Is it not criminal on the part of patients to go and get admitted in a hospital without presence of a doctor or where only alternative medical people are on duty or knowingly go to alternative medical practitioners\’ clinic for modern medicines, injections, I.V. drips and then go to modern medicines doctors when they don\’t get well or become seriously ill and then blame hospitals or nursing homes if anything unfavourable results.?
    Is it not Indian doctors\’ kindness that they are always 24×7 ready to help their patients even when they call at odd hours of early morning or late nights or noons and patiently give free advice about health and medicine on phone or Whatsapp? Is our Government efficient to provide 24×7 medical help to all even in urban areas leave alone rural areas?. Most of the time health Care is provided by private practitioners and many a times on telephone and now on mobile and WhatsApp.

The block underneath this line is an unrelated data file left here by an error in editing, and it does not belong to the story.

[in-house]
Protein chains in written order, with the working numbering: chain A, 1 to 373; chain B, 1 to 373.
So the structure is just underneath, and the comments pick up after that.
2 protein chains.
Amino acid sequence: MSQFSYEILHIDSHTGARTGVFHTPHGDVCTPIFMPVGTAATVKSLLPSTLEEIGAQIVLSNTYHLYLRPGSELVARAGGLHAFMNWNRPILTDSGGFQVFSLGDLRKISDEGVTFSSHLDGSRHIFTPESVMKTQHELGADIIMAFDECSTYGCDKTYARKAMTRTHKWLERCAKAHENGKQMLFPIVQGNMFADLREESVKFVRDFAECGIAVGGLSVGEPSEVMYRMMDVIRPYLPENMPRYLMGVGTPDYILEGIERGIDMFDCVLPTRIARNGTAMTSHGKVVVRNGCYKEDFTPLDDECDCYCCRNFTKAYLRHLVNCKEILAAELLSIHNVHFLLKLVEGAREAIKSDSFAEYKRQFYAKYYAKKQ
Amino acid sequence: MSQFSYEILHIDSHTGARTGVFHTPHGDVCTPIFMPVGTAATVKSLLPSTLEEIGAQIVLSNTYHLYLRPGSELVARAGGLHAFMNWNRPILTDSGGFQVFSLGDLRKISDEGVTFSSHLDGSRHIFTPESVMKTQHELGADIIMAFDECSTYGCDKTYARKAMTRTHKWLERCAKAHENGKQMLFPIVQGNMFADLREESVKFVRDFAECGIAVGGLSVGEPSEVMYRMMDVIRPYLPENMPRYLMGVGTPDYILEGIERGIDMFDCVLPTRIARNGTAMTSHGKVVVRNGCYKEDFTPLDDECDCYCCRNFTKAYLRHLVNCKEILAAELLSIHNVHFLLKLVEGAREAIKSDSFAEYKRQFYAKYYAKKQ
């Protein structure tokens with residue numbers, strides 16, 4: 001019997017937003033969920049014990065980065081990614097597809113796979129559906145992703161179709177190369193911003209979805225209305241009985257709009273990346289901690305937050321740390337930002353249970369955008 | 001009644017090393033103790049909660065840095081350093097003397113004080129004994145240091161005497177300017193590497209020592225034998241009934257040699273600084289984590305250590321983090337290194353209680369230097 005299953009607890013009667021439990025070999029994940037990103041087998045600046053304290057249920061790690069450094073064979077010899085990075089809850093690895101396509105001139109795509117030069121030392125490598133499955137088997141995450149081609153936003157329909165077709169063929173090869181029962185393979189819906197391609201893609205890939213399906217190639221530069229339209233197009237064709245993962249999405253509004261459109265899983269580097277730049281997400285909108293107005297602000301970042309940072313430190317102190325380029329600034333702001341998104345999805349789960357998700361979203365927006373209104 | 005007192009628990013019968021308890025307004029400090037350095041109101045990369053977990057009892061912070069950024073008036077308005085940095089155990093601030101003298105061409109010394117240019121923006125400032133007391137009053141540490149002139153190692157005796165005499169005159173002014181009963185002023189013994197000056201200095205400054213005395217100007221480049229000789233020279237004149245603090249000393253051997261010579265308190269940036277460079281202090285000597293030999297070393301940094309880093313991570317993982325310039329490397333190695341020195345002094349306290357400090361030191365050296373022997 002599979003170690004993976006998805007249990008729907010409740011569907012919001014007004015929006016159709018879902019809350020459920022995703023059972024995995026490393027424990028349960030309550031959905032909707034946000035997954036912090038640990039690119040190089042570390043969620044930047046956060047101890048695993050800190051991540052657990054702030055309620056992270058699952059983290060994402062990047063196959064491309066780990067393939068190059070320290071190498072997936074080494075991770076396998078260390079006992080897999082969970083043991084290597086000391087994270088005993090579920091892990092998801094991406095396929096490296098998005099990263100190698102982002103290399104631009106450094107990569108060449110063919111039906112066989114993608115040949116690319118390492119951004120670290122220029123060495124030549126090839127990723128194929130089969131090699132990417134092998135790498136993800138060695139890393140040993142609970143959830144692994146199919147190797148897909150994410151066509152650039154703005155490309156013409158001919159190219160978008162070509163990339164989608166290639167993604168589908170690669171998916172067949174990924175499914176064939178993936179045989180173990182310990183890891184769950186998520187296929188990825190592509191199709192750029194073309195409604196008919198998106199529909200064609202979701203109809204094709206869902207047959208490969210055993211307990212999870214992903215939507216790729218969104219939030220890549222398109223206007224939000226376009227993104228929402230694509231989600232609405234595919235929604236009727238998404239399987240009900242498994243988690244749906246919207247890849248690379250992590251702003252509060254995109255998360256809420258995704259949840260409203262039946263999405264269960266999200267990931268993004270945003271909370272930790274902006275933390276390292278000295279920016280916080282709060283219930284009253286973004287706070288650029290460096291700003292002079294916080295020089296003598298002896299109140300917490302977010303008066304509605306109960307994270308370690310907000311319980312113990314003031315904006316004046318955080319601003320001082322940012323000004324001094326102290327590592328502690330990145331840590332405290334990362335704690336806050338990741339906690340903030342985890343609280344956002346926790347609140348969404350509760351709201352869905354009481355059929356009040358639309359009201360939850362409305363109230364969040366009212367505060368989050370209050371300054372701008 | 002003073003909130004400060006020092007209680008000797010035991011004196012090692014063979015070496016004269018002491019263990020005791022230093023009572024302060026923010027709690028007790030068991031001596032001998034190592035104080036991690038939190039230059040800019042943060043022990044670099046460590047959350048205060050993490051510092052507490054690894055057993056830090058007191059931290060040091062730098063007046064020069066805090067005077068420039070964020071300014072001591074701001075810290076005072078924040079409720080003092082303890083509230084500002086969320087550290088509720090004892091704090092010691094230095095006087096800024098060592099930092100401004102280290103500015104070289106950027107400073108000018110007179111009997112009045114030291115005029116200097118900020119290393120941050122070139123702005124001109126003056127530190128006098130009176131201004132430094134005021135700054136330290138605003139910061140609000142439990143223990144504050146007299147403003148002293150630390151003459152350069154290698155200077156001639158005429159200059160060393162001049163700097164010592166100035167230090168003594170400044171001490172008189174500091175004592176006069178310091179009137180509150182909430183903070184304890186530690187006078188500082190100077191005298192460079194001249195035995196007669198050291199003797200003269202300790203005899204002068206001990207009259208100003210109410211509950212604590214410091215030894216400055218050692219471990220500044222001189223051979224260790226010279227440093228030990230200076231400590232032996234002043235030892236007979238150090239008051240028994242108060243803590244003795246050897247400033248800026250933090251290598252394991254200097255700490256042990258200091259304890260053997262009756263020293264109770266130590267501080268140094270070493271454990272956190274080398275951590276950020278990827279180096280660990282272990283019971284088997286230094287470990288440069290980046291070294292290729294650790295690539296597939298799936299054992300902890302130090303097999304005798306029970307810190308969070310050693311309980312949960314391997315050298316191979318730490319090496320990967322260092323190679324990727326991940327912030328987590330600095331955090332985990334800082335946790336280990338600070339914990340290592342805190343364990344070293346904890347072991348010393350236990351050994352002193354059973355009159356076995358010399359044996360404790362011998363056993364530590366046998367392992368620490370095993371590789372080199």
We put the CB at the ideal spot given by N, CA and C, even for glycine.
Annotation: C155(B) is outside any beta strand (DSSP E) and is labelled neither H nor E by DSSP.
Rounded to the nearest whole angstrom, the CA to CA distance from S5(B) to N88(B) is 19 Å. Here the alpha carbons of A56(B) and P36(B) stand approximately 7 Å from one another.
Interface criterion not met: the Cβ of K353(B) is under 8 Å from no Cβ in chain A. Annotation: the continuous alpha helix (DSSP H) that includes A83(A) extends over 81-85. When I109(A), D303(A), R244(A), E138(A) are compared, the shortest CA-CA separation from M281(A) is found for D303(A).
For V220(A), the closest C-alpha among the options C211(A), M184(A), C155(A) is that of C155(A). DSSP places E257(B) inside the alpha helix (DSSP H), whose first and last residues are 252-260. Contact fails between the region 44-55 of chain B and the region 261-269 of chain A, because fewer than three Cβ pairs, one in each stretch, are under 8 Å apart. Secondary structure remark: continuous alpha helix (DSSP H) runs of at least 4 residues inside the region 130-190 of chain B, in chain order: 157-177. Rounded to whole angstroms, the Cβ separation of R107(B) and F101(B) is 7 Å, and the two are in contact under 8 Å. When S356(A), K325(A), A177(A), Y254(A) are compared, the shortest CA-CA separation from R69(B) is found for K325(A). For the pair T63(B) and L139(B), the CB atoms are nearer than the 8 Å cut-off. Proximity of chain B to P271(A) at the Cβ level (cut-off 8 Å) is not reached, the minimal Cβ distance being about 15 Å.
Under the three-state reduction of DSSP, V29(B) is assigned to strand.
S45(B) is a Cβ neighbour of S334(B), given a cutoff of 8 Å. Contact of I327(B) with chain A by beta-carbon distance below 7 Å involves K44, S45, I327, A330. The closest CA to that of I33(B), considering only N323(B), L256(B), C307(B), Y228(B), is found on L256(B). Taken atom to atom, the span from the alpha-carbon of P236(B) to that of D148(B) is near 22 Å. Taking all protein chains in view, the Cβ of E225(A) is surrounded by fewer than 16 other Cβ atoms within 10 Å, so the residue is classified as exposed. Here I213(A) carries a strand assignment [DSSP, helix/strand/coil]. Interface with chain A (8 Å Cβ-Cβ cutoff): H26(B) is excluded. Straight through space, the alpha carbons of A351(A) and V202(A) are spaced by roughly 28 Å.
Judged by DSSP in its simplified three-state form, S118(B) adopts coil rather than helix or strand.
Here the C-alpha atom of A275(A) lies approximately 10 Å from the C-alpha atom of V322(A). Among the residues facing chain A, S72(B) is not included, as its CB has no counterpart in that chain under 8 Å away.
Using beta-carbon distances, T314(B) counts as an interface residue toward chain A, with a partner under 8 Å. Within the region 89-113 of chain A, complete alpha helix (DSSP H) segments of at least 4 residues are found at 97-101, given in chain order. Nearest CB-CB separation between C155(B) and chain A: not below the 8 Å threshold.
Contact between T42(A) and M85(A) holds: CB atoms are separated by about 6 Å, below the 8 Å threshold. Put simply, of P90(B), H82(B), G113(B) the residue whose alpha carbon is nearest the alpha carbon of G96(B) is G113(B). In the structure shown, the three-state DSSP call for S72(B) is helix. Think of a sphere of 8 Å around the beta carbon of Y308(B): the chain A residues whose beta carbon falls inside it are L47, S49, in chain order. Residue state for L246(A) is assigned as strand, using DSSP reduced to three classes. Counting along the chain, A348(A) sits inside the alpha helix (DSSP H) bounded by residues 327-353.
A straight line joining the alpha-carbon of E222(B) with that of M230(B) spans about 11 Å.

Not defending wrong doing, but treating on provisional diagnosis and telephonic consultation in good faith saves patients\’ sufferings time and money at the cost of doctors suffering,time and loss of revenue ?? but still doctor are held guilty.
    So any patient who is asking for such advice should also be punished as he/she is doing it knowingly and is a potential candidate to sue his doctor if something goes against his/her expectations (there is fear of possibly, in born malafied intention)

  3. So.. If a rash bus driver hits a person to death..
    Is it punishable under this act??